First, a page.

Newspaper article International Herald Tribune

'Revolving Door' Effect May Surprise S.E.C. Critics

Newspaper article International Herald Tribune

'Revolving Door' Effect May Surprise S.E.C. Critics

Article excerpt

A group of accounting professors has produced a study showing that the hiring from the financial industry actually toughens enforcement results at the Securities and Exchange Commission.

The revolving door has long been the focus of government regulators, a symbolic portal that business executives and lawyers pass through on their way to government posts and back again to the private sector. There, the thinking goes, they use their influence with former colleagues to reap benefits for themselves and their companies.

But despite plenty of anecdotal accusations of influence- peddling, there has been relatively little empirical evidence of how the practice truly affects government regulation and law enforcement.

Now, a group of accounting professors has produced a study showing that the revolving door actually toughens enforcement results at the Securities and Exchange Commission -- the opposite of what government critics have long maintained.

The study, by researchers at Emory University in Atlanta, Rutgers University in New Jersey, the University of Washington and Nanyang Technological University in Singapore, found that S.E.C. enforcement lawyers who left to join private law firms that specialized in commission matters actually produced tougher enforcement results than their peers while at the agency.

The study also found no evidence that law firms that had hired large numbers of S.E.C. alumni were able to extract more lenient enforcement outcomes from the agency. Results from the research are scheduled to be presented Monday in Washington at the annual meeting of the American Accounting Association.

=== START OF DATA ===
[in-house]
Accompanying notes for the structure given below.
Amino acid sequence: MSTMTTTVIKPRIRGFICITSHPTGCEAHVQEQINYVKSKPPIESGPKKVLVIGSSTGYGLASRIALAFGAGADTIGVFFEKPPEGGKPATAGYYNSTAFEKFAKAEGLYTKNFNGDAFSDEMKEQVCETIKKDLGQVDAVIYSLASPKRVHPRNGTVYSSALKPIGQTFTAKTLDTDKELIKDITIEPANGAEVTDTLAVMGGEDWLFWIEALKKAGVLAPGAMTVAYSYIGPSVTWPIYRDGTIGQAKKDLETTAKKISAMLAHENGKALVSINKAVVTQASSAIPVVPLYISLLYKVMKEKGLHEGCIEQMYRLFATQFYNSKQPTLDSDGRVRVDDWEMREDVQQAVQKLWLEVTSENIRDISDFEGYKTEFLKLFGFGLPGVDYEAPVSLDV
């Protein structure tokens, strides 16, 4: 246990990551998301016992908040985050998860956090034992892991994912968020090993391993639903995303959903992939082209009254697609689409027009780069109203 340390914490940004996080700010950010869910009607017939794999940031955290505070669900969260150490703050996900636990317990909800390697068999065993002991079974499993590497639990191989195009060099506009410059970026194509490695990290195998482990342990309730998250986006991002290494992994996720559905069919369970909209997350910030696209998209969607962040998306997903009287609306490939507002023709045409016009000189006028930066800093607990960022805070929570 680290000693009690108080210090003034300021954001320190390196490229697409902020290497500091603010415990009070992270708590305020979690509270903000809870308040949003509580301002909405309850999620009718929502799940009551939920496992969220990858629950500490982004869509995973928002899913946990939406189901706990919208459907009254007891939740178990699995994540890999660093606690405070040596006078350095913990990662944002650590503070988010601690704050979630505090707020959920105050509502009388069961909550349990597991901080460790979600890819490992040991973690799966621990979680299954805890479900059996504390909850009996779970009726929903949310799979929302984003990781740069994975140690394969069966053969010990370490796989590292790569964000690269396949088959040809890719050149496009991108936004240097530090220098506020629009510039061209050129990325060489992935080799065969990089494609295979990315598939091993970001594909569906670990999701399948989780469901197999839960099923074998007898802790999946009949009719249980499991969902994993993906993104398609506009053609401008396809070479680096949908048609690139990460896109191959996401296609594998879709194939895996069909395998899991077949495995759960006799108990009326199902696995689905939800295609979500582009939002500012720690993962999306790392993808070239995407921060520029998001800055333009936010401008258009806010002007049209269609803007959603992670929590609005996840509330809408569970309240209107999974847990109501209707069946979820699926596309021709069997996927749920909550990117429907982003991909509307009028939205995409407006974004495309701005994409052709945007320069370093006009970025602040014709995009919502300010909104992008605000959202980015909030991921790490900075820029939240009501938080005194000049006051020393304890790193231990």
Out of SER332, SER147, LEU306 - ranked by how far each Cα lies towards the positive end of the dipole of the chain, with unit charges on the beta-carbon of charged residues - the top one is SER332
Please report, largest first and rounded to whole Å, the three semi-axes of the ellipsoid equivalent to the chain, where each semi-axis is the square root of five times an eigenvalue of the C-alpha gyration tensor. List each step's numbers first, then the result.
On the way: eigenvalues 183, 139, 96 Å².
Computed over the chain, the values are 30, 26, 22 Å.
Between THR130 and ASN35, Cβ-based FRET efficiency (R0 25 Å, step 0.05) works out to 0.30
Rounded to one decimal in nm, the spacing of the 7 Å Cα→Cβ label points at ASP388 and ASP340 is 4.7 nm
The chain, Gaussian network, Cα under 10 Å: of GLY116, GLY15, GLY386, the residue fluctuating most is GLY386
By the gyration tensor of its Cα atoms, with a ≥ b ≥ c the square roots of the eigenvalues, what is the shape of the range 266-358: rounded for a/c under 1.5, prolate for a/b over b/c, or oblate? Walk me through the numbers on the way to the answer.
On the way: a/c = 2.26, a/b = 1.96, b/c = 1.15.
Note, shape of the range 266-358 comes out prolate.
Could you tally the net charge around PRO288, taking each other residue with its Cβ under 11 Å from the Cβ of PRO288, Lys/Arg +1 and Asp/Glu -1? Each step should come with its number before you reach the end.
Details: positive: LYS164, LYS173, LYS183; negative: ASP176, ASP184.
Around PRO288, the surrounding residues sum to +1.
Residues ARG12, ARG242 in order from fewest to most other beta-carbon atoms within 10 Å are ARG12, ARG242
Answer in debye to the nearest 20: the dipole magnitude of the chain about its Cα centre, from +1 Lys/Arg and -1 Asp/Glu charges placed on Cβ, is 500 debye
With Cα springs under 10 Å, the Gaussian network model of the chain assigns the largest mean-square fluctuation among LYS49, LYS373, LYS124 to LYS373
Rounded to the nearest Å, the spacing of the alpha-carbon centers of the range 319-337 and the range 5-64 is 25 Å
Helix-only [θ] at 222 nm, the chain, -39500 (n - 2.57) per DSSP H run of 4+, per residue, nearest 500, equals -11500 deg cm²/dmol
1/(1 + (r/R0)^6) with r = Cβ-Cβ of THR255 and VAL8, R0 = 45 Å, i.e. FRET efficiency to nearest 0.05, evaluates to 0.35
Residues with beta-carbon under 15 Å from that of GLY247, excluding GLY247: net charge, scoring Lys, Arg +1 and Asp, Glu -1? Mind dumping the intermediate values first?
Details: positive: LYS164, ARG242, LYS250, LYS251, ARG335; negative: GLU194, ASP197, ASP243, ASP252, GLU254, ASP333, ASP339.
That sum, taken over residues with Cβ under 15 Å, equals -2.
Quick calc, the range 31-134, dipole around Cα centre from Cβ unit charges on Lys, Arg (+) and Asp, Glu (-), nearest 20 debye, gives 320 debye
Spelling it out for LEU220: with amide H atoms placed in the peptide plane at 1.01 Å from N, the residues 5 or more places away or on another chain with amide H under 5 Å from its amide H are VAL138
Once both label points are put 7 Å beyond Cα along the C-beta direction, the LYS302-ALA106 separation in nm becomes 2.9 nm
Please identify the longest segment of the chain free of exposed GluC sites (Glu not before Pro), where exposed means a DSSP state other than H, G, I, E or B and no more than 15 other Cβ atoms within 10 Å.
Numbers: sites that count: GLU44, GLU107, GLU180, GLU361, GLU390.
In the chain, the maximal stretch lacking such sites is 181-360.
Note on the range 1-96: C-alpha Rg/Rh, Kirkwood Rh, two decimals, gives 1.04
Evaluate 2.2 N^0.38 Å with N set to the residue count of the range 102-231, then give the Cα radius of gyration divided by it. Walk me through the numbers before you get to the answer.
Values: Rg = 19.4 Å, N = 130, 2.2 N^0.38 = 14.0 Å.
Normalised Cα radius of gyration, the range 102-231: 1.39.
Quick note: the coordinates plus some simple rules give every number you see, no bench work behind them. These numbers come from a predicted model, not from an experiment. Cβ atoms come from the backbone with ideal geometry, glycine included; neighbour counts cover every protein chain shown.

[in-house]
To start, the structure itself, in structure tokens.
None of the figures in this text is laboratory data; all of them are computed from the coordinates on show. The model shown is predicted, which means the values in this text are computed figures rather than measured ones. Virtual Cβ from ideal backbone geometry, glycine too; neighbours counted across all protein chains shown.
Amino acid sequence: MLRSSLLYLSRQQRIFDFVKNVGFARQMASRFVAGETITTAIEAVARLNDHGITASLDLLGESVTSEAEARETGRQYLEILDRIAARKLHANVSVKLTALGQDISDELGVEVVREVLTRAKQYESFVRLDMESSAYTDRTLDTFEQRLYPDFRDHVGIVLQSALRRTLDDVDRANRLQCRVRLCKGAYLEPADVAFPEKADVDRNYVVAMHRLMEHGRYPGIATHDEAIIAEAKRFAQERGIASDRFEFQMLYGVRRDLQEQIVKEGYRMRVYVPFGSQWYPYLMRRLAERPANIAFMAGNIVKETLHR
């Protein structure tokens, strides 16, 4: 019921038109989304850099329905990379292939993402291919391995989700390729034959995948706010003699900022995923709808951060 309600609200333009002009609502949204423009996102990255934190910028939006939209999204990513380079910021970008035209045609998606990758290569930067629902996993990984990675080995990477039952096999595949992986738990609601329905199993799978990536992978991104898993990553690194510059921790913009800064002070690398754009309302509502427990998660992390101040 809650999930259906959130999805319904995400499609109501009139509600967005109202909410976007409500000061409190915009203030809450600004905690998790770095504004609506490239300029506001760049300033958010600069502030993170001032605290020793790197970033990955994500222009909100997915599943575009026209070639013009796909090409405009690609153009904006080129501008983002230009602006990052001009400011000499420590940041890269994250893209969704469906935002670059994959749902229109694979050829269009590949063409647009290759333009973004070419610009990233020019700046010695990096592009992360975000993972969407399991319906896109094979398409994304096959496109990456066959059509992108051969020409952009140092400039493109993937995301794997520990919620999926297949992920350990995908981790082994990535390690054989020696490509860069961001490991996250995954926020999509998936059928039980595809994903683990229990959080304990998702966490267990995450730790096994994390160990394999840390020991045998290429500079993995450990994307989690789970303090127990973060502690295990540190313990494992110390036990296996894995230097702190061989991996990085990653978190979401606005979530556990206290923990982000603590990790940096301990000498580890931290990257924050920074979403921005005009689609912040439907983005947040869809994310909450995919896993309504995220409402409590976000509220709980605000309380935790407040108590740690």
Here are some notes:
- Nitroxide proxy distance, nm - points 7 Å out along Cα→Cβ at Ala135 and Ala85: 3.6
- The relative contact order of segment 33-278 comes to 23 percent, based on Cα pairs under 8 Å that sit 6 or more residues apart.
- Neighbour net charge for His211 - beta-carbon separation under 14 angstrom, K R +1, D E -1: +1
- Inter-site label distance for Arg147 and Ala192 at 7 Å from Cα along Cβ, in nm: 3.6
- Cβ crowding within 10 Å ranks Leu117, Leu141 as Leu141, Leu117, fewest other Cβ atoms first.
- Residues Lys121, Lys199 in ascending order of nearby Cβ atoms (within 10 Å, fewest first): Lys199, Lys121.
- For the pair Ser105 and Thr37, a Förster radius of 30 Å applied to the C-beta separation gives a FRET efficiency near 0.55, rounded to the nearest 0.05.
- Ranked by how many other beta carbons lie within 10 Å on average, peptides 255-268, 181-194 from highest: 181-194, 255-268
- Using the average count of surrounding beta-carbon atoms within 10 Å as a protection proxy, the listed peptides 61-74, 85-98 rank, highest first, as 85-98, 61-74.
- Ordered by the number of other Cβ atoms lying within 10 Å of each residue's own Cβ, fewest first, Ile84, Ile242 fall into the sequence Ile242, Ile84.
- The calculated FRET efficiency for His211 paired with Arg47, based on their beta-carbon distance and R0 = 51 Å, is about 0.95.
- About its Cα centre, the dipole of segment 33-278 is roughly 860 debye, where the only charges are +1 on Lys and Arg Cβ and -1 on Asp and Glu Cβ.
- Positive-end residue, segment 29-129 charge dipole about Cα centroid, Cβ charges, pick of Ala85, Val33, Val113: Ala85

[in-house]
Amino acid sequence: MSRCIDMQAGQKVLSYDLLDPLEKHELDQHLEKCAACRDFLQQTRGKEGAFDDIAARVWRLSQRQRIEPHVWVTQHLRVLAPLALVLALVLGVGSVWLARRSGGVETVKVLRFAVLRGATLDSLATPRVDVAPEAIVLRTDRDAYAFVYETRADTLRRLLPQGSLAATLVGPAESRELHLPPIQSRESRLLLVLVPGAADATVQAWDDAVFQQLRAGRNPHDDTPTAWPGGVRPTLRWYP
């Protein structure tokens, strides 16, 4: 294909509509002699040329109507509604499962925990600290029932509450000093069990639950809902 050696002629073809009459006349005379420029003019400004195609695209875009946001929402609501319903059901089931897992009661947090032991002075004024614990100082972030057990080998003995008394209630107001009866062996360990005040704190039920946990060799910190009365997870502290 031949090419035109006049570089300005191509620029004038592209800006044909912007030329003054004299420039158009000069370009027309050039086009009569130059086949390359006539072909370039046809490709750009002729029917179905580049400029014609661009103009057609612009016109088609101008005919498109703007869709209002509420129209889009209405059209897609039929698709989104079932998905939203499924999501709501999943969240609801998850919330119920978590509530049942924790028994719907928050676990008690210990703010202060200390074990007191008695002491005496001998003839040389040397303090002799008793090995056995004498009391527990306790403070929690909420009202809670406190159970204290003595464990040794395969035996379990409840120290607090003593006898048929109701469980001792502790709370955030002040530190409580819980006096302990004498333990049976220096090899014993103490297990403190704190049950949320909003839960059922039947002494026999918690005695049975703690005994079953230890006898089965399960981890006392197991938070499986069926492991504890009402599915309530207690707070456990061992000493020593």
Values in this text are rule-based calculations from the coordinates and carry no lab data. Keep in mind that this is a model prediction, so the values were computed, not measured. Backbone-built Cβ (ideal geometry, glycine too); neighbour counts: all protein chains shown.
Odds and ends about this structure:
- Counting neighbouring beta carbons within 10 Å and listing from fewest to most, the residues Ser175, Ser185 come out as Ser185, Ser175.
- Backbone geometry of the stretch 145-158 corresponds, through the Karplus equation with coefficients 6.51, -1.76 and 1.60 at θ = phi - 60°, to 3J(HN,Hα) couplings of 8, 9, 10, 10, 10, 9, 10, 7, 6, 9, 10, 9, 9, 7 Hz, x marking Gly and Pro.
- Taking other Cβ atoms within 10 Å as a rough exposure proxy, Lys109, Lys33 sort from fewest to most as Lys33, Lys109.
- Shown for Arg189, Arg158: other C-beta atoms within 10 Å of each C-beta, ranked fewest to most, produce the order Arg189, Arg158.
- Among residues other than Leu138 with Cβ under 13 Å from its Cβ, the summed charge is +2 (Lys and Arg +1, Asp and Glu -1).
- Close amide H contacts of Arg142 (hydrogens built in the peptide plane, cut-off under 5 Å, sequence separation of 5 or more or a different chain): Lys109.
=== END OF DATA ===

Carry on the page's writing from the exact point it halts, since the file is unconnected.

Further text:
As financial markets and investment techniques have become more complicated, the S.E.C. has tried to hire more specialists with experience at Wall Street firms. To the degree that those new S.E.C. employees favor Wall Street interests, the concept of rigorous oversight would be undermined.

That is more than a theoretical concern. In May, the S.E.C. barred a former investigator, Spencer C. Barasch, from representing clients before the commission for one year after finding that he had left the agency and worked for Stanford Financial, which he had investigated while at the S.E.C.

The company later was determined to be a running a $7 billion fraud scheme.

Shivaram Rajgopal, an accounting professor at Emory and one of the authors of the new study, said that in most cases, the opposite occurs -- S.E.C. enforcement officials who want to work as defense lawyers are more likely to follow aggressive enforcement practices that signal their competence to prospective employers.

"There is nothing inherently evil or wrong about the revolving door," Dr. Rajgopal concluded. Like any rigorous study, the exact conclusions are limited to the particular group studied, he noted, "but it suggests that legislation against this could be counterproductive. …

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